From the Rector: Anglican Unity
Tuesday’s gospel at weekday Mass was from Mark. Jesus’ disciples were plucking grain from the field on the Sabbath and it was noticed. The Pharisees were observing the rules and observing the behavior of others to make sure all were following the rules in the way they believed the rules should be followed. What are our rules as Anglicans?
When the British monarch goes to Scotland she is a member of the Church of Scotland and not the Scottish Episcopal Church. The Scottish Episcopal Church was born in the seventeenth and eighteenth centuries through the wars and revolutions that engulfed the House of Stuart for over a century after the death of James I in 1625. It would not be until 1864 that a priest ordained by the Scottish bishop could accept a position in the Church of England. (If you feel the need for a little perspective on what we call the Anglican Communion today, I recommend the history pages on the web site of the Scottish Episcopal Church.)
My hunch is that members of the Anglican clergy in England and Scotland know all this – something that is unfamiliar to me. I suspect few there appreciate, as we do, the democratic origins of the Episcopal Church in the United States. There was no “House of Bishops” when our church was organized. Until the Revolution, the bishop of London had oversight of the colonial American church. At the first meetings of the emerging Protestant Episcopal Church in the United States of America there was no “House of Bishops.” That would wait until there were three American bishops and they managed to be at a meeting together. Since the beginning of our Church our bishops have been elected, not appointed. It is helpful to recall that when episcopacy emerges in the first centuries of the Christian era, bishops then were elected too. Jesus did not invent episcopacy; the Church did under, we believe, the direction of the Holy Spirit. And all of this makes me wonder what else I don’t know.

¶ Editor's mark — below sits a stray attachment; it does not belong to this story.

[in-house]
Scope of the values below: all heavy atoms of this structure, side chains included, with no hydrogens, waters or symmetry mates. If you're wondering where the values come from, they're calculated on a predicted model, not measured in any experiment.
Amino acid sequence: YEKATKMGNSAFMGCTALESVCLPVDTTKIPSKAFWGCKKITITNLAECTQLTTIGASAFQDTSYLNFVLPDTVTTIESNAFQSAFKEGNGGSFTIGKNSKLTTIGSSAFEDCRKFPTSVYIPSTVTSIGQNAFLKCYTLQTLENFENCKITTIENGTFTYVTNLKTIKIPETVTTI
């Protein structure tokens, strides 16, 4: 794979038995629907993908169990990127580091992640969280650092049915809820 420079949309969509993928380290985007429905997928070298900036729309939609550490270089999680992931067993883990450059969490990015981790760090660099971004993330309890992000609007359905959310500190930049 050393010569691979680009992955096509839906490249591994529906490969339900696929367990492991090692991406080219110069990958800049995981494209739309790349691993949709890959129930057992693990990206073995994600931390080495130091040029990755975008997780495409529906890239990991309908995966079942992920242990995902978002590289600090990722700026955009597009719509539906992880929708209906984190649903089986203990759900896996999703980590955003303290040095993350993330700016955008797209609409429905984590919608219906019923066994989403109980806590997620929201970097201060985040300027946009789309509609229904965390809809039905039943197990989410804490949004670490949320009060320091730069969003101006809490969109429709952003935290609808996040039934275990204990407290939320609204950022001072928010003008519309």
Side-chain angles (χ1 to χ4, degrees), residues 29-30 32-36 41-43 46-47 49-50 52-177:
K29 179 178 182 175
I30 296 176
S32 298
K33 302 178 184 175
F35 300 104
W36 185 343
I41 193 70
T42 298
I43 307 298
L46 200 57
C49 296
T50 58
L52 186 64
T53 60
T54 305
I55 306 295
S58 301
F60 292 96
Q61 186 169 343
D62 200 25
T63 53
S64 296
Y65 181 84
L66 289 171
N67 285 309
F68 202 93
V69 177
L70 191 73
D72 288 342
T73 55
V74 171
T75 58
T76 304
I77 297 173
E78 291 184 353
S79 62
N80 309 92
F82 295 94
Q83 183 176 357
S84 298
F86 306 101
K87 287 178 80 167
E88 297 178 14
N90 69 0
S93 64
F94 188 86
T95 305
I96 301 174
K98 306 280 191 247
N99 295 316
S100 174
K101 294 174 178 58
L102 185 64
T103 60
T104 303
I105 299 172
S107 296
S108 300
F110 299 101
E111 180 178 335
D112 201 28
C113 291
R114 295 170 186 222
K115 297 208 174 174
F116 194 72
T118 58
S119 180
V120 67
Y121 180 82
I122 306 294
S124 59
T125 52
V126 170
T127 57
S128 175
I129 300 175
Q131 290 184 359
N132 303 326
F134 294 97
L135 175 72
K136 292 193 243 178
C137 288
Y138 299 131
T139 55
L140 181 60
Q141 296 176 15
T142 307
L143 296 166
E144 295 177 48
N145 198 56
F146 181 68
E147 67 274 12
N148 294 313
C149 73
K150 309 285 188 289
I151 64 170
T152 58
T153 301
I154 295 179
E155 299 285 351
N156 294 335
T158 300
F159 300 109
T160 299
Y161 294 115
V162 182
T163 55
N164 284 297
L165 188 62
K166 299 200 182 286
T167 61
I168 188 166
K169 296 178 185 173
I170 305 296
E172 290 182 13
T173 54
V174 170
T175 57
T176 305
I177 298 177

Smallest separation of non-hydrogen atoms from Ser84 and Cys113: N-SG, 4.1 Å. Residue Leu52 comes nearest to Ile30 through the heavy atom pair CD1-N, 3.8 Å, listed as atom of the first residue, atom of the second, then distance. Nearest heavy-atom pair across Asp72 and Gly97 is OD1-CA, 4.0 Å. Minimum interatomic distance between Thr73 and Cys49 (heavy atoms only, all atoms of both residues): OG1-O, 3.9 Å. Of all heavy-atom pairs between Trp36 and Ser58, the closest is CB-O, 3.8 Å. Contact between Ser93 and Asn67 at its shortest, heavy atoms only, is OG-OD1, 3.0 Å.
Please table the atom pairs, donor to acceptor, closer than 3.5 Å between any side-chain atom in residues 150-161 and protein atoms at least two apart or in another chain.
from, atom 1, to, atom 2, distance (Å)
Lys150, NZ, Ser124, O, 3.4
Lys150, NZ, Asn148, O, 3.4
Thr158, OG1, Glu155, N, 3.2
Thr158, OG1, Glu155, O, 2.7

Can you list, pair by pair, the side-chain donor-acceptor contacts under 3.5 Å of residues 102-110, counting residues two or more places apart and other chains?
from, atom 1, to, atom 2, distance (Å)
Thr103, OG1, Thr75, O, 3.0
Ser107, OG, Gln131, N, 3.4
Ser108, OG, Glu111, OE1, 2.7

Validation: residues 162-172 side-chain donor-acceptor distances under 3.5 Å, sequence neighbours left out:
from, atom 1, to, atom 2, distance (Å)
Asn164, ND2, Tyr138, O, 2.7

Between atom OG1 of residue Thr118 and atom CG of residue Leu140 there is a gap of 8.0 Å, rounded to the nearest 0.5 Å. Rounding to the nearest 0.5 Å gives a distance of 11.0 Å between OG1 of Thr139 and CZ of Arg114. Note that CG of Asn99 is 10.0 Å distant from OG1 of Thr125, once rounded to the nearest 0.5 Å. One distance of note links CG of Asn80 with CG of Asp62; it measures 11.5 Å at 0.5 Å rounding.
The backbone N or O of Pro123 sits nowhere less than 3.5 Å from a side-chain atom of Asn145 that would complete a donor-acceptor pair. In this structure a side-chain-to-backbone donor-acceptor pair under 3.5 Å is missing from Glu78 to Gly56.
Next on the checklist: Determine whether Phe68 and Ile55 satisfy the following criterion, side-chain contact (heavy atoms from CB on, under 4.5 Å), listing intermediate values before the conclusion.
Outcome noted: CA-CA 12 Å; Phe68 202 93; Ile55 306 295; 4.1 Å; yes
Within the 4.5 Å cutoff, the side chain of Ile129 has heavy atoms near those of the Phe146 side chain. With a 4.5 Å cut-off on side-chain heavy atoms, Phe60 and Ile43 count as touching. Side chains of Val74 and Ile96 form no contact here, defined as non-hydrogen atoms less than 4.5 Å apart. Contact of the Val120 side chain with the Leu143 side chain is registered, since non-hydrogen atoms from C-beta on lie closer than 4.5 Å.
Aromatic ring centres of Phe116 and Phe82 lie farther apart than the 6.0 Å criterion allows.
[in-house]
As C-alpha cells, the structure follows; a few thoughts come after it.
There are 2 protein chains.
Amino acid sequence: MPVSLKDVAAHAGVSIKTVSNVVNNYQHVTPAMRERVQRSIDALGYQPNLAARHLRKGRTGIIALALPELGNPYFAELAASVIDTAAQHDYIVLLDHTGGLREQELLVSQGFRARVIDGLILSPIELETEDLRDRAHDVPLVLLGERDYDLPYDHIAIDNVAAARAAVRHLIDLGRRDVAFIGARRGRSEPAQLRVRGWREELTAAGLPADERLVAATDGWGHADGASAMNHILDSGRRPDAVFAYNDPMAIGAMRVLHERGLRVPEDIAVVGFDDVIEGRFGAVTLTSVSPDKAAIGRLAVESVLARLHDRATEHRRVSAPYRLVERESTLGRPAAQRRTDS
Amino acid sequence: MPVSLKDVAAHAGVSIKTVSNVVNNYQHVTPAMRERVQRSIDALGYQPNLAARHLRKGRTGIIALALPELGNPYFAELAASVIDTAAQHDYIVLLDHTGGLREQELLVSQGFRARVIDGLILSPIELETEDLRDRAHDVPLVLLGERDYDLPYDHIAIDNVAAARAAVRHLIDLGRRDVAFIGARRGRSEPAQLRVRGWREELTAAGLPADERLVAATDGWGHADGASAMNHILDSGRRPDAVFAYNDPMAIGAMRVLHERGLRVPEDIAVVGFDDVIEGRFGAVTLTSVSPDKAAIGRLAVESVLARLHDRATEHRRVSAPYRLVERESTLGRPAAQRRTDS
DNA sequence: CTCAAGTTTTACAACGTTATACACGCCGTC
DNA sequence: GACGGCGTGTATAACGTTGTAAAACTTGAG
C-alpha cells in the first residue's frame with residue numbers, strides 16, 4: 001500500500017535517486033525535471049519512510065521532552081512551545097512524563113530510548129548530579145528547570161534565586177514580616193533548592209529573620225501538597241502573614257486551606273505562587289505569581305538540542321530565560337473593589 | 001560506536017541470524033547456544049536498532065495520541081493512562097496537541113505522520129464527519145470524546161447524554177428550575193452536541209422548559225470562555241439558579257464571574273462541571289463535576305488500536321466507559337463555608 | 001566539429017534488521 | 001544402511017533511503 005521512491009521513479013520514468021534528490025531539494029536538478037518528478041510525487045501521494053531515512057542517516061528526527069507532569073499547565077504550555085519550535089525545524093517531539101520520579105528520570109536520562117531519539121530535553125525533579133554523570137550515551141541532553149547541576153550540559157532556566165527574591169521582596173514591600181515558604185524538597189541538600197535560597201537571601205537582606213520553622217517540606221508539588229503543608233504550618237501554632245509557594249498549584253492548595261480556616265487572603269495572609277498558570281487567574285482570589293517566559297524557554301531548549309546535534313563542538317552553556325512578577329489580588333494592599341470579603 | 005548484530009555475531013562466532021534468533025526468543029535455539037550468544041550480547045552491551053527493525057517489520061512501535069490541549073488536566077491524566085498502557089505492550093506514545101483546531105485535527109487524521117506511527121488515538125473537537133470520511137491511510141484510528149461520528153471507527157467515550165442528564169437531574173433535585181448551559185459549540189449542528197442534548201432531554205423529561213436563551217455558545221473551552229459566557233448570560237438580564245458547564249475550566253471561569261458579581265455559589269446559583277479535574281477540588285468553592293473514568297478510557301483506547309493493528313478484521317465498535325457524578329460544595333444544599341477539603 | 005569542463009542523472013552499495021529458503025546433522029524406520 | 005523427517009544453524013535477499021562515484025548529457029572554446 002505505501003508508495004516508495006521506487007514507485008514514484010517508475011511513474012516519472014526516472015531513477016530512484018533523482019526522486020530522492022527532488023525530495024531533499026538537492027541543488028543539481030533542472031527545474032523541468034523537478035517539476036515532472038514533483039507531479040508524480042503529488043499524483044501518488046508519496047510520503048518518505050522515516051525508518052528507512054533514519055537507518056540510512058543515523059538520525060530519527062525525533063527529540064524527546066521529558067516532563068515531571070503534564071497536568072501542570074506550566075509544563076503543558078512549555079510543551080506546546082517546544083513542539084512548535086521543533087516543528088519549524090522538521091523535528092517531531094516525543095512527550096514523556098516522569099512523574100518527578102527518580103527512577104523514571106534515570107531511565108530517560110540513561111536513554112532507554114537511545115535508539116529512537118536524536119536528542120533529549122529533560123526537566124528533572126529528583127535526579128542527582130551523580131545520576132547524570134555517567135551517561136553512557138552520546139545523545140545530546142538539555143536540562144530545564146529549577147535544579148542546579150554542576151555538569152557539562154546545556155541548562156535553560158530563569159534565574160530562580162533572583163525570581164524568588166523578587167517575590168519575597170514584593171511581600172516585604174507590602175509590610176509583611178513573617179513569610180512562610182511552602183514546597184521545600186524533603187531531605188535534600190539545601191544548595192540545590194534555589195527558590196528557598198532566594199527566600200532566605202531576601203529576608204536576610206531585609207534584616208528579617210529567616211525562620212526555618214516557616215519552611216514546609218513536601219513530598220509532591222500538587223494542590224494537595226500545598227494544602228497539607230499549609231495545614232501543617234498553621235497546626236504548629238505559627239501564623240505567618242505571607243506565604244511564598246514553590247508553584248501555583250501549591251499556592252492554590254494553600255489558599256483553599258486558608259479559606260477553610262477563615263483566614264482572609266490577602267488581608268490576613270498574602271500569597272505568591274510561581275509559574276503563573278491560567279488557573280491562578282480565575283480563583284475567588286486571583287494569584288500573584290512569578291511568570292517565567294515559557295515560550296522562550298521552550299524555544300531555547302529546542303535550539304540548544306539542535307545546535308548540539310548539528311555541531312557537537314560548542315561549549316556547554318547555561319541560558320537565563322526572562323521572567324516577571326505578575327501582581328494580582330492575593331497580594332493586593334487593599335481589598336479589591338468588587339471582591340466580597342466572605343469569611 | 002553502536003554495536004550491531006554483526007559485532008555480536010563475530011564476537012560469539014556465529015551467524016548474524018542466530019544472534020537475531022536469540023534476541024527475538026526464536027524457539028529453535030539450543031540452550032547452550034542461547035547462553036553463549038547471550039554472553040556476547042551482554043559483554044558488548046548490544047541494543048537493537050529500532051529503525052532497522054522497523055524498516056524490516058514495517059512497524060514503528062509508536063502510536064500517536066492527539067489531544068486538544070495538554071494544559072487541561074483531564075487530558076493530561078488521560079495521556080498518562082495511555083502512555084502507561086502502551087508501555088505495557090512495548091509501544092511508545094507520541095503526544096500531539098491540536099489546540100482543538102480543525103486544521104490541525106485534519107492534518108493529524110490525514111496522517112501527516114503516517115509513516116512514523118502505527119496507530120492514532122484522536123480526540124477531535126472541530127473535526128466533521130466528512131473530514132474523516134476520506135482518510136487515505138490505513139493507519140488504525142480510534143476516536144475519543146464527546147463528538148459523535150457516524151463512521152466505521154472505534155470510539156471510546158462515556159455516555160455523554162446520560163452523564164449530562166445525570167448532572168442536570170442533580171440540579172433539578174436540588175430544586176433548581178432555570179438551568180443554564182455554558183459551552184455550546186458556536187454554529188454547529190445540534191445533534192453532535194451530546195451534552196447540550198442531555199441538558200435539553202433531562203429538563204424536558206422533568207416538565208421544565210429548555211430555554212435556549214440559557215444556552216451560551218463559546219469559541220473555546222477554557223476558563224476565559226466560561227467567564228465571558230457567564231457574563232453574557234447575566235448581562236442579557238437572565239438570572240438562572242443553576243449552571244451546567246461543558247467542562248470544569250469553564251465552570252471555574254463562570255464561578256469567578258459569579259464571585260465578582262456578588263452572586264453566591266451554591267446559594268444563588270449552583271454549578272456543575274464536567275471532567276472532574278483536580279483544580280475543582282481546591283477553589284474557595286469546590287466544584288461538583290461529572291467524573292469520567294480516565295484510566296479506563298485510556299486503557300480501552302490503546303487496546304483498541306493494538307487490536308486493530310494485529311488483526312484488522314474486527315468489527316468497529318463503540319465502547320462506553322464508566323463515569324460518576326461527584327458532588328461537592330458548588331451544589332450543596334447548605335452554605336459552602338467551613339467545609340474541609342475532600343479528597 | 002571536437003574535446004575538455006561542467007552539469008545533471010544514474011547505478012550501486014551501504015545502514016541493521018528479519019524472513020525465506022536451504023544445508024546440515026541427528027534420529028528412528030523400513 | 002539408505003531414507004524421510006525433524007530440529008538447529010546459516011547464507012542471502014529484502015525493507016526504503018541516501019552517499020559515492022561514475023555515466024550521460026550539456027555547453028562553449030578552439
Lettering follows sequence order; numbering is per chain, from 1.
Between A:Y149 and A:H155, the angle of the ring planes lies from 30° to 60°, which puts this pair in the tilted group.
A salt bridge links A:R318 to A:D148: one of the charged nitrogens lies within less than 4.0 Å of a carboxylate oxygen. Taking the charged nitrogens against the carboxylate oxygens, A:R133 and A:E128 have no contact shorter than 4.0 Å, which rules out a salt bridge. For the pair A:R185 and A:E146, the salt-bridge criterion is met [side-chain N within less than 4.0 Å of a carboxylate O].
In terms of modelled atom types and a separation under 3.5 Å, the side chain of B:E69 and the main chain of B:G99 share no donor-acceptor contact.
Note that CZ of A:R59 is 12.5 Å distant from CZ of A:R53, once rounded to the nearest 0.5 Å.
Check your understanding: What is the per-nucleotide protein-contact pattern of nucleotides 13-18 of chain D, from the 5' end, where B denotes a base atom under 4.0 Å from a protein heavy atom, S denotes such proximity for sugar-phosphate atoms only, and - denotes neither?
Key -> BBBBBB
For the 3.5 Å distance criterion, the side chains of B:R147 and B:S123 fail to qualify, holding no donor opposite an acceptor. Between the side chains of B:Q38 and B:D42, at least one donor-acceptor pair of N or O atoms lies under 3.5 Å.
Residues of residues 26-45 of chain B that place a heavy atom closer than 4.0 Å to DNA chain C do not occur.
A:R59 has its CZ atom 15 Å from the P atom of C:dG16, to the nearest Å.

I’m not sure when it is correct to begin speaking about the Anglican Communion. Every edition of the American Prayer Book has reprinted the preface of our first American book adopted in Philadelphia in 1789. We have repeated our stated desire not to depart from the Church of England in “any essential point of doctrine, discipline or worship . . . further than local circumstances require.”
I have also started reading through the documents of the Lambeth Conferences. (You can do this online at the Anglican Communion website.) It should not surprise anyone that bishops might be concerned about jurisdiction, who can do what where, from the beginning. It is interesting that they always seemed to find a way through the contentious issues of their day and to move forward.
The first Lambeth Conference in 1867 happened shortly after the American Civil War. Racism would be an issue the conferences would address in the years to come – but no one ever seems to have suggested that bishops from the southern United States (or elsewhere) be precluded from attending in the nineteenth or twentieth centuries. Divorce and family planning would be issues too, as well as many others, that would engage the bishops of the Anglican Communion. The question of the ordination of women arose in the 1930s and was addressed again in 1948. Answers to questions change over time too.